Radioisotope Storage: GMP Explained
gmp storage

Radiolabeled compounds rely on the use of radioactive isotopes (also referred to as radioisotopes) for enrichment. Since radiation is historically bad for human beings, extra care must be taken to ensure that no harm comes to either the people involved in developing these radiochemicals or the compounds themselves; after all, if improper handling procedures were common in this country, the U.S. would not be the number one largest national producer of chemical products globally.

The care and storage of these radioisotopes require laboratory personnel to follow special rules known as good manufacturing procedures (GMP). When it comes to GMP storage (such as that involved in carbon 14 production) these rules are connected both to the staff and the laboratory itself.

Safety First

Radioisotope laboratories are classified (in some countries) into A, B, and C categories depending on the risk of incorporation — this refers to the radioactive damage exposure could cause. Category A refers to a facility that handles a large quantity of activity, which requires the use of a safety interlock system, surveillance equipment, and radiation monitoring.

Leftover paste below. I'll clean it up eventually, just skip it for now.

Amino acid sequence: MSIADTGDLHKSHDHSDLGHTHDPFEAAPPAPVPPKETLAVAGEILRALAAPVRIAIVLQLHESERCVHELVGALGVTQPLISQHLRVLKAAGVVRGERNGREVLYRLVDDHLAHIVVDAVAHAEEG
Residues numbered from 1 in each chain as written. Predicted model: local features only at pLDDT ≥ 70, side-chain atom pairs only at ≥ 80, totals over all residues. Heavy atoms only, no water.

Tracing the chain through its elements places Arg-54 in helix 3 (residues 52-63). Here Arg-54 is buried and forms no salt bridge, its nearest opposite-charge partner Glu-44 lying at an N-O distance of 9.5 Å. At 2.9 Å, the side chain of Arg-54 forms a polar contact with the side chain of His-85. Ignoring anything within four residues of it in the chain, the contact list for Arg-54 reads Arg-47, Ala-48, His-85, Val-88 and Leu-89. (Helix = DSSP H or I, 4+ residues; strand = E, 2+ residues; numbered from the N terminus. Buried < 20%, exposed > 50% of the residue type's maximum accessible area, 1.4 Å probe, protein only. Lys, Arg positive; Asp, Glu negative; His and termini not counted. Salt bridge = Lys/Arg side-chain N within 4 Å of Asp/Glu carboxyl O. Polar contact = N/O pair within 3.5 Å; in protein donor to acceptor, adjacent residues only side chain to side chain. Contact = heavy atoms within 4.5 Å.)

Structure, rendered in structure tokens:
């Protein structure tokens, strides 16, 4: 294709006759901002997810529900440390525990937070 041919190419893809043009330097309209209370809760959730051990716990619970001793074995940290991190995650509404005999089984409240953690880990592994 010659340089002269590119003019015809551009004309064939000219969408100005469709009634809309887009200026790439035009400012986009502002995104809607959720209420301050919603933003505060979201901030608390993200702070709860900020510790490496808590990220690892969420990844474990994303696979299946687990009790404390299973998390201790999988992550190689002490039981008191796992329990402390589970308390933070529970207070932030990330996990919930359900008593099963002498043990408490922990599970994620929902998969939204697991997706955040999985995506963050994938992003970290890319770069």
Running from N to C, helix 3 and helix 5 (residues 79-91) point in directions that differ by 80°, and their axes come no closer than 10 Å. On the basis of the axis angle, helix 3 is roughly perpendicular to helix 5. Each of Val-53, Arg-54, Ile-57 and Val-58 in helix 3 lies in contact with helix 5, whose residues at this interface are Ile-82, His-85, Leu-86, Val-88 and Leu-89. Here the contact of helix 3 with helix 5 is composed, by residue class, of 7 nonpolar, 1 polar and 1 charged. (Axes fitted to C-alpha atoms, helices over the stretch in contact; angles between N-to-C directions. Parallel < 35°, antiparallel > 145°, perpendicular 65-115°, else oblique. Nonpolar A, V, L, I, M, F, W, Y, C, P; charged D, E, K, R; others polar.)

Once access control is safely established to prevent those unauthorized from gaining entrance to such a risky environment, the basis of contamination control falls on a well-planned ventilation system. Fume hoods filter the air that is supplied and exhausted from the lab; a recent survey revealed that one-fifth of laboratory fume hoods need to be replaced, so ensuring that your system is capable of handling the work involved in air filtration is crucial to GMP storage.

Location And Storage

Most radioisotope handling and processing centers are a considerable distance away from big cities and industrial areas; though this means the air will be cleaner than in a city center, it’s important to cover the possibility of failure with a warning system. In terms of physical GMP storage, radioactive materials require an exhausted and shielded special enclosure called a hot cell. Though these materials are typically manufactured in small batches using small quantities of materials, heavy lead containers are also used for protection from radiation.

When it comes to the storage and care of radiolabeled compounds and radioactive isotopes, it is always better to be safe than sorry!

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